This book stumped me. It’s not a bad book; in fact I rather enjoyed the storyline and the quirky characters. The title is fitting, yet at the end I felt like I was left holding the spool but there was still some blue thread on it. Maybe that is how Anne Tyler wanted it though, it leaves you to decide what you think will be the ending. It leaves it up to you to picture how the story unfolds after we turn the last page.
A Spool of Blue Thread follows the Whitshank family through their lives. It starts off with Red and Abby, their kids and grandkids. Red and Abby knew each other their whole lives and have a love and a bond that is both comical and heartwarming. Abby is a viciously attentive mother and a retired social worker. Red is a loving and distant father who works hard and loves his house and his family. The house; the house is where the story takes place, where everyone loves and suffers, learns and overlooks. This Whitshank family is strange, in a way a lot of families are strange. There is a mash of personalities that all clash and seem to work at the same time.
“The disappointments seemed to escape the family’s notice, though. That was another of their quirks: they had a talent for pretending that everything was fine. Or maybe it wasn’t a quirk at all. Maybe it was just further proof that the Whitshanks were not remarkable in any way whatsoever.”
The book moves backwards in time to when Abby and Red were young, giving us insight into the personalities that these characters had before they had children. Tyler began to weave this web of information that you are free to interpret on your own. She began to give us understanding of who these characters were on a deep level, yet didn’t lay it out for us. We were free to do what we would like with this information, something I found both intriguing and frustrating.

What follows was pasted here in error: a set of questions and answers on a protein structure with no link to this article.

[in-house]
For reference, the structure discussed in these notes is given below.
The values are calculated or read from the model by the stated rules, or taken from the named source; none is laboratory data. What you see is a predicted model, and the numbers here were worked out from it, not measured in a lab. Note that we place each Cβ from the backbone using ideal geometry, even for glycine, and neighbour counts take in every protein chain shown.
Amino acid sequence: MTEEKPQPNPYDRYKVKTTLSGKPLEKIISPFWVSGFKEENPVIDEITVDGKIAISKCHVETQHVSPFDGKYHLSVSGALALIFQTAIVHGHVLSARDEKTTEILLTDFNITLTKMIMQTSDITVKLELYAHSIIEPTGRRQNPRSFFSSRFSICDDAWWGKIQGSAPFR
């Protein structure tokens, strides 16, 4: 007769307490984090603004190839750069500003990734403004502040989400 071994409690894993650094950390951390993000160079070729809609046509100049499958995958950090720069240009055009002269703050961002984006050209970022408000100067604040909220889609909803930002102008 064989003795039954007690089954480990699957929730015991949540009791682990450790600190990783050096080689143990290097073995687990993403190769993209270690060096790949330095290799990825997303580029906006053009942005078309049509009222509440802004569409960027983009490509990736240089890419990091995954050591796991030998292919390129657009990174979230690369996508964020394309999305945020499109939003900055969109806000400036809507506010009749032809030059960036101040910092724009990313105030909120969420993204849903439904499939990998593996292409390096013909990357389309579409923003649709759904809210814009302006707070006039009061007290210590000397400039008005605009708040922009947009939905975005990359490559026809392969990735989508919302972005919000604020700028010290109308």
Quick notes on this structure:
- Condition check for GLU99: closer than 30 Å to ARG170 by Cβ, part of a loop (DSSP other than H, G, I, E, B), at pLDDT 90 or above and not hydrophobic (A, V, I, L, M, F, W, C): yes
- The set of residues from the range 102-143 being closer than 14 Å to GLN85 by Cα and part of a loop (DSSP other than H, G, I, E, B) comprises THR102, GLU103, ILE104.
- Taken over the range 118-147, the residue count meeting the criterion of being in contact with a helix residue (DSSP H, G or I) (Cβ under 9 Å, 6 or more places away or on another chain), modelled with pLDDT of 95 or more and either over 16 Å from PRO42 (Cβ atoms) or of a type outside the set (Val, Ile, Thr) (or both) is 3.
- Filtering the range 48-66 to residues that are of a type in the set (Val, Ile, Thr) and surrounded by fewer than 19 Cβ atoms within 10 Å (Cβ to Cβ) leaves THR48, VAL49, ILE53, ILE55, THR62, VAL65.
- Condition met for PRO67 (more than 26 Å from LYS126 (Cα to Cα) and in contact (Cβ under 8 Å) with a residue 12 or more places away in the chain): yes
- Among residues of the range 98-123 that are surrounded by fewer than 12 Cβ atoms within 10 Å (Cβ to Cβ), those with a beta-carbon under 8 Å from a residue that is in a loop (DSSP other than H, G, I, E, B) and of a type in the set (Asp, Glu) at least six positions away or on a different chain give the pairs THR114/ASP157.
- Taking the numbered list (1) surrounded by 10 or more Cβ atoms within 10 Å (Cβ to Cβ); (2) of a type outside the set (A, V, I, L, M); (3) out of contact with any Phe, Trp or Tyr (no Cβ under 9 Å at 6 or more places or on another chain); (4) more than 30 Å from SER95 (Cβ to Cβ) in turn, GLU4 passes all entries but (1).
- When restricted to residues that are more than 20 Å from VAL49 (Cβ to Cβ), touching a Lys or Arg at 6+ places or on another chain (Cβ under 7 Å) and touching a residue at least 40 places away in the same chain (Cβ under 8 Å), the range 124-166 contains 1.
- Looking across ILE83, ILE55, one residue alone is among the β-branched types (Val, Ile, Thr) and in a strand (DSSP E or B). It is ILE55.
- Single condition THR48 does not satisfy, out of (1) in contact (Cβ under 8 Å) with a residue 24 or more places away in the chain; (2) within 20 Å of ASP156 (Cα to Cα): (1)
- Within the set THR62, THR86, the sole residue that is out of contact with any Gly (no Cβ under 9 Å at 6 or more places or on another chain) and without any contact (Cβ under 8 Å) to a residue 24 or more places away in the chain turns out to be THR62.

Tyler then moves father back in time to Red’s father who build the famed house that the Whitshanks live in. Junior is a harsh man with a great deal of pride. Linnie Mae, Red’s mother is a stubborn woman who loves fiercely and uninhibited. Junior loved the house unconditionally and built his life and family around this house, using the house to shape the demeanor of his family. Tyler weaves their lives into a nice little quilt for you, leaving you to decide for yourself if this part of the story shaped any other part.
Then Tyler moves back to present day Whitshank and leaves us to construct the story of the Whitshank’s from here. We are left to decide the fate of each member and to decide what we would like to take from the story.
I feel like I traveled a thousand miles in this book, yet looking back I had to ask myself what I learned. It wasn’t a message that hit you in the face, no real stand out theme of the book; yet looking back I learned a lot. I learned about loss, friendship, family, depression, personal struggles, personality differences, aging, social status, and love. I think love was Anne Tyler’s message and although it didn’t punch me in the face the way other books sometimes do, it was there for you to pick up and take or to not take- ultimately Ms. Tyler left it up to me, which was very nice. I didn’t give this book 5 or even 4 stars because although it was beautiful and nice, it wasn’t wonderful. It didn’t pick me up and deposit me into a world. I read the words and they were nicely written and the characters were well developed but I craved more.
“But it has occurred to me, on occasion, that our memories of our loved ones might not be the point. Maybe the point is their memories—all that they take away with them.”